The prospect of successful prosecutions in cases related to Northern Ireland's Troubles is going to be "very slim", the Director of Public Prosecutions has warned.
Barra McGrory said he was very concerned by current political thought that legacy cases should be dealt with in a prosecutorial context.
He also warned that it will be very difficult for the region's Public Prosecution Service (PPS) to maintain high levels of public confidence if legacy continues to be dealt with through prosecutions.
Mr McGrory was speaking after the PPS announced the findings of a new survey, which claims that public confidence in the organisation is at its highest level in a decade.
The Northern Ireland Omnibus Survey, published yesterday, found that more than three-quarters (76%) of the public are confident that the PPS "provides a fair and impartial prosecution service".
The survey, Perceptions Of The Public Prosecution Service, also shows that there has been a rise in confidence among both the Catholic and Protestant communities.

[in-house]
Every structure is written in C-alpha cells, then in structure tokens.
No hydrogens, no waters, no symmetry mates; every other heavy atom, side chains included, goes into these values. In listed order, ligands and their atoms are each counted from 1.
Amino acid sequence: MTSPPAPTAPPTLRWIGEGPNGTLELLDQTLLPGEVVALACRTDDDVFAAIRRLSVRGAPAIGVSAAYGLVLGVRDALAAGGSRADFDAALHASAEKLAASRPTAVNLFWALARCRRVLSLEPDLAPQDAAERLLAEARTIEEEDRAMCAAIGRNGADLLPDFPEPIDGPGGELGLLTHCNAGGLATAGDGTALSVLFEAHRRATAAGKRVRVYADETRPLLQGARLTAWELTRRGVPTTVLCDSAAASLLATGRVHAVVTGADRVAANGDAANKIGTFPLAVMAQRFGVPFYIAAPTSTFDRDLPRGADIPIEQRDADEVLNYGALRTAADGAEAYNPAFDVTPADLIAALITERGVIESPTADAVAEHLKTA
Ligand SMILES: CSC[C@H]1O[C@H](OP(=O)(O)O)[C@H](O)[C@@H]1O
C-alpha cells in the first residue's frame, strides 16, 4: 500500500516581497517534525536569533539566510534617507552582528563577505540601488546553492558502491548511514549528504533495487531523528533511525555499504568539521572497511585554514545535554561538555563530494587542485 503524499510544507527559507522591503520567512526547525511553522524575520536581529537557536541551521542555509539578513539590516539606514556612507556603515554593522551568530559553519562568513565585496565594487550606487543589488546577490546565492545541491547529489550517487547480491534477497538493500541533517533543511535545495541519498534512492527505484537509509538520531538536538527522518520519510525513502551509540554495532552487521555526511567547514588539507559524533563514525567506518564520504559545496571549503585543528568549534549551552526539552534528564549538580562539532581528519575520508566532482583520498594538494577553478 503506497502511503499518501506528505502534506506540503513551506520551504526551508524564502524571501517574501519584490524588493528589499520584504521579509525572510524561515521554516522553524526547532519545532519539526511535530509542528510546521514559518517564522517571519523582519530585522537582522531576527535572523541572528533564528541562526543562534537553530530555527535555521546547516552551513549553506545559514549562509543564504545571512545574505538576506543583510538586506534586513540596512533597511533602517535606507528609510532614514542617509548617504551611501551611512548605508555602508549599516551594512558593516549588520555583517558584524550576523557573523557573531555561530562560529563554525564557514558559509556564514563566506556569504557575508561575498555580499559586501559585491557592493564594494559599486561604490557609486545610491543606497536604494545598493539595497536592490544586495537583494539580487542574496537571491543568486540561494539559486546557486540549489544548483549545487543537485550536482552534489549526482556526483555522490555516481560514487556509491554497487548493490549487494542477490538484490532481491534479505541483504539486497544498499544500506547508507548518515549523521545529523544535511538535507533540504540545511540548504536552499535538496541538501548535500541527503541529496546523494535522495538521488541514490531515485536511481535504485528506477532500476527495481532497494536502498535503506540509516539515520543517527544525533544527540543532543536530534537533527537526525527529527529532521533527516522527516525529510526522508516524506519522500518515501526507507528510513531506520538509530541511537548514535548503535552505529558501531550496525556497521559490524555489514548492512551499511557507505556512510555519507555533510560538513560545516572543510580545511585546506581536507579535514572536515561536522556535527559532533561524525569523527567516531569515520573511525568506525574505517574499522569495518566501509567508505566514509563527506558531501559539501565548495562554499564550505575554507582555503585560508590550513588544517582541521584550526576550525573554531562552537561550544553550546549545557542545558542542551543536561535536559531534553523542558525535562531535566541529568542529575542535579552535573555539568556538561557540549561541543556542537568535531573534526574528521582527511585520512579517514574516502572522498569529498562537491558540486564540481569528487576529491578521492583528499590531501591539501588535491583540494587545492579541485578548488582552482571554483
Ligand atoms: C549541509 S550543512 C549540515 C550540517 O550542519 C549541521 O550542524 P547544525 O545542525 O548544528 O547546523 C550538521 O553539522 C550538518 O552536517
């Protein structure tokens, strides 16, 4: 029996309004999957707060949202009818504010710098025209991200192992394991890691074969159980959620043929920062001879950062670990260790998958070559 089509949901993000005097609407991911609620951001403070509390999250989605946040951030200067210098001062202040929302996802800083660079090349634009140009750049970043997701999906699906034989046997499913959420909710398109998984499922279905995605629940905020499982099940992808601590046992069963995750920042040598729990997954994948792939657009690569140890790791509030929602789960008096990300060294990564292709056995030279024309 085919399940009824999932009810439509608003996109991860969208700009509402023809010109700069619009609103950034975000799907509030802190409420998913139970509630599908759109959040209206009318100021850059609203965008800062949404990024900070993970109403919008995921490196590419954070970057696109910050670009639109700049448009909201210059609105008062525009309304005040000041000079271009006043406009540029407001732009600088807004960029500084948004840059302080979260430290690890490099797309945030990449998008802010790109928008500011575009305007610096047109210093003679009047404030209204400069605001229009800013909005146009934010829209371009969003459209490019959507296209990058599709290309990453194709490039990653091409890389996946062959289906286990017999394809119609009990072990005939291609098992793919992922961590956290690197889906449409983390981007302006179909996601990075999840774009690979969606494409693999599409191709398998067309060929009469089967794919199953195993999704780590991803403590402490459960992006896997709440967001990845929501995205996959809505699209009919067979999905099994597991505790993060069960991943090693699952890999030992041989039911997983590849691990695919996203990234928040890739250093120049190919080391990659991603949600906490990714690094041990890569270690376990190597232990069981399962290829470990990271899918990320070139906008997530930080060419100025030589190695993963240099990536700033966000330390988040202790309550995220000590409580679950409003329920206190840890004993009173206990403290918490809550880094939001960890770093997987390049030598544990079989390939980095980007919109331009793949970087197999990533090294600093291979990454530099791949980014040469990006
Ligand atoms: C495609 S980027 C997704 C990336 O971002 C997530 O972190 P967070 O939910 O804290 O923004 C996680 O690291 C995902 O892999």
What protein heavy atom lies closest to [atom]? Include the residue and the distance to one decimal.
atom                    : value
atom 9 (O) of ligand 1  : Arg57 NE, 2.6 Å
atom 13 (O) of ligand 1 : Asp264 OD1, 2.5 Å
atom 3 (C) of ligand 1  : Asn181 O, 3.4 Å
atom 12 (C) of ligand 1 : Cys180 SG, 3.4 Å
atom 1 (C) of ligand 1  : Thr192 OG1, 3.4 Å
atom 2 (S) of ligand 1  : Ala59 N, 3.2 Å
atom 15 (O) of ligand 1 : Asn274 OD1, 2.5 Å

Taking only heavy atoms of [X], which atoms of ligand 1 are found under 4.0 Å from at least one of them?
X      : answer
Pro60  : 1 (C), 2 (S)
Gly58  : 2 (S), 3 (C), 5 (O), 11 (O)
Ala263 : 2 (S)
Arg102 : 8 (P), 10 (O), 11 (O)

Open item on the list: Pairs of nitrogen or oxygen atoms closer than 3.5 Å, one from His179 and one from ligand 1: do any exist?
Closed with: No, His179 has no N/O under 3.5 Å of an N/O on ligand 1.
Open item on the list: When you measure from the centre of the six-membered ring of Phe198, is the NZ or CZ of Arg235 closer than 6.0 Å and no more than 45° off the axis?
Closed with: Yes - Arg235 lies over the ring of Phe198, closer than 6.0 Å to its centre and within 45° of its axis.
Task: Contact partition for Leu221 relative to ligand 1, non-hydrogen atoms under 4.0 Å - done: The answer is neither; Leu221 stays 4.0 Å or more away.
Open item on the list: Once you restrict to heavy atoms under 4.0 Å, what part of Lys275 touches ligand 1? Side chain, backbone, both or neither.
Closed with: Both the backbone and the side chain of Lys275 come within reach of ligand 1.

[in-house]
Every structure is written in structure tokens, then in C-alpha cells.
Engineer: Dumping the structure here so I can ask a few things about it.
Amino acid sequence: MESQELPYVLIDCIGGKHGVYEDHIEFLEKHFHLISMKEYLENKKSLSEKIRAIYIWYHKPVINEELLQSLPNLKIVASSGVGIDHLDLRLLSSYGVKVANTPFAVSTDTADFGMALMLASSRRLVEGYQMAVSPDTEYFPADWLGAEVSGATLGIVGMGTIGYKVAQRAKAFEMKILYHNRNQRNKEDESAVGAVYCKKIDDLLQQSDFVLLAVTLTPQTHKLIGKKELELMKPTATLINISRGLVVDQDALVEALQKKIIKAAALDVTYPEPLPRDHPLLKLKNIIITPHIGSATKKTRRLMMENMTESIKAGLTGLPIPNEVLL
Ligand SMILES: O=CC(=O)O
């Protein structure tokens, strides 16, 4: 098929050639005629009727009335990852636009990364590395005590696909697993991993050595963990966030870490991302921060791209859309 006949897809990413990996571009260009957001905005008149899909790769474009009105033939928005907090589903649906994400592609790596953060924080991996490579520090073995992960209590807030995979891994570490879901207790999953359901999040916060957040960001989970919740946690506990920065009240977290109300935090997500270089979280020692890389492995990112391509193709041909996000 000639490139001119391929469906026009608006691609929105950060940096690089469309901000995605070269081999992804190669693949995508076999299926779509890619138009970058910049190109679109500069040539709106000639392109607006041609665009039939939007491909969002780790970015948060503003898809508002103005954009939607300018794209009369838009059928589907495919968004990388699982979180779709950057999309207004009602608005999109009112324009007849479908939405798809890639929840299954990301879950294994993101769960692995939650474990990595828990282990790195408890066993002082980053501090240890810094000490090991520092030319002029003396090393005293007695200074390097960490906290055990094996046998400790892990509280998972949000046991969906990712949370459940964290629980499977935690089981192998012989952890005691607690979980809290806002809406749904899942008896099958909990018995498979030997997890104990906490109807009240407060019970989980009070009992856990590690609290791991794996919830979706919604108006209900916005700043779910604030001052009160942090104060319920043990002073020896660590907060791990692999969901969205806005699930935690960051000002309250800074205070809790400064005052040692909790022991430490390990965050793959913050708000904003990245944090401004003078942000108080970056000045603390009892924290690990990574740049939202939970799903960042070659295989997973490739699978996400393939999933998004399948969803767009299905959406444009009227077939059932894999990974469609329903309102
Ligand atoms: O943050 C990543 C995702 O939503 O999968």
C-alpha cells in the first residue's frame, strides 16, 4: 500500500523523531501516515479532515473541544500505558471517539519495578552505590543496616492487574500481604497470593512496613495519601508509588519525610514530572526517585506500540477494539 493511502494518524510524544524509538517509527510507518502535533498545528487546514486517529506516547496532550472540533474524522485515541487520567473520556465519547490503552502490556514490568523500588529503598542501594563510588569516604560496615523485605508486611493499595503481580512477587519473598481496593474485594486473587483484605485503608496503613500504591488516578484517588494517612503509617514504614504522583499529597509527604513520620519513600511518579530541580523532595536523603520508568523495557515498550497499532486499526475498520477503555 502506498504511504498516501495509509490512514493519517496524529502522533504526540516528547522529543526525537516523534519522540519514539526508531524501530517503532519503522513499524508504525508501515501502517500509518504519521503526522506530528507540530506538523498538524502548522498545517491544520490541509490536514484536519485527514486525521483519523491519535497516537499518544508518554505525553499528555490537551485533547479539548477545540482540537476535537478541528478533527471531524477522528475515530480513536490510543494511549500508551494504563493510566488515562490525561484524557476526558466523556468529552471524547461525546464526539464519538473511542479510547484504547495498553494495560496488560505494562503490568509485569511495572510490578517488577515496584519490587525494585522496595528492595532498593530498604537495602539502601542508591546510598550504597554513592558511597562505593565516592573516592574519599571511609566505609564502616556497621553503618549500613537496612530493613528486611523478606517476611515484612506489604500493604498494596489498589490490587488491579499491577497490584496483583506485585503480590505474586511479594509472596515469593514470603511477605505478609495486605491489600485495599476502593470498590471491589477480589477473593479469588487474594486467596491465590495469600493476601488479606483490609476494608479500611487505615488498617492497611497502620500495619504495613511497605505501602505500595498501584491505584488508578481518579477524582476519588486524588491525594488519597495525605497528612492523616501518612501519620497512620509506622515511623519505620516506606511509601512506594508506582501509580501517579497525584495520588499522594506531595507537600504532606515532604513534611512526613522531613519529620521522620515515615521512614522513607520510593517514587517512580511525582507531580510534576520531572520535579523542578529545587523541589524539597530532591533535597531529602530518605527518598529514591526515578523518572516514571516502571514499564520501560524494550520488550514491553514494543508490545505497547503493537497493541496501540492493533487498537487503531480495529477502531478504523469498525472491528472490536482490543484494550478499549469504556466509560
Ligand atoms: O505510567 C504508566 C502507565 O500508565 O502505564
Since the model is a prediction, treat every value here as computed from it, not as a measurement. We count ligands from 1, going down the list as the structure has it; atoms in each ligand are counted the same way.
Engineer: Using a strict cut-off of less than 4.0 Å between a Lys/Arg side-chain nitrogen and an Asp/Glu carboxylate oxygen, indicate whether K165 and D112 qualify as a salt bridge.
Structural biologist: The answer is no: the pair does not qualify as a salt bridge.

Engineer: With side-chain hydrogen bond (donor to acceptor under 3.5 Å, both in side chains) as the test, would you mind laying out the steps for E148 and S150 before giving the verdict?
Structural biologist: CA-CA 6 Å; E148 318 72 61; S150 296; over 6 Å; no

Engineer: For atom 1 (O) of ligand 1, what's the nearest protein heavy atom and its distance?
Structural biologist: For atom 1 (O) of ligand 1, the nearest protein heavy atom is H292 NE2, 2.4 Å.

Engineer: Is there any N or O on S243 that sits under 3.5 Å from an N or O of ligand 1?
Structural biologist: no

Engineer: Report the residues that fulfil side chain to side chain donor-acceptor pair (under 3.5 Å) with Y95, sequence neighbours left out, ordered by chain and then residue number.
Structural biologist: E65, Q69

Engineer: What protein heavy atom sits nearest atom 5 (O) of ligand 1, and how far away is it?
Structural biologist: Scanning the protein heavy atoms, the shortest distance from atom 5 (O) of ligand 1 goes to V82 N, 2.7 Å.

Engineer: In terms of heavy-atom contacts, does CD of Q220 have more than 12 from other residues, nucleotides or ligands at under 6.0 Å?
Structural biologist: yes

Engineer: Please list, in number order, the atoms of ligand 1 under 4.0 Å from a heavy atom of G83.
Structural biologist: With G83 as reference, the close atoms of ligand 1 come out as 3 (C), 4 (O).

"I have been saying for some time it is going to be difficult (to maintain confidence levels) because, in the strict context of legacy, the prospect of bringing successful prosecutions in a lot of cases is going to be slim," he said.
"I just hope the good work we have done in terms of increasing confidence levels isn't undone by the difficulties we are going to face with legacy.
"But that appears to be the political judgement as to how legacy should be dealt with - in a prosecutorial context.
"I worry that in an attempt to do the criminal process of the Troubles in their entirety within a limited space of time, with limited resource, 25 years on from the conclusion of that period of conflict, would be exceptionally difficult."
He also revealed that the PPS has not been consulted by Stormont's political parties about the difficulties of the task of dealing with legacy solely through the prosecutorial process.
Despite recent criticism of the PPS from the Conservative Party, the DUP and the Ulster Unionists over decisions to prosecute retired soldiers for legacy-related shootings, the survey found that confidence in the organisation within the Protestant community had reached its highest-ever level.
"The negativity emanated from a certain section of one political party in Westminster and then was echoed by a certain section of one political party here, or maybe two," he continued.
"I found the (confidence) figures very encouraging.
"They would tend to suggest the expressed negativity was misplaced," Mr McGrory said.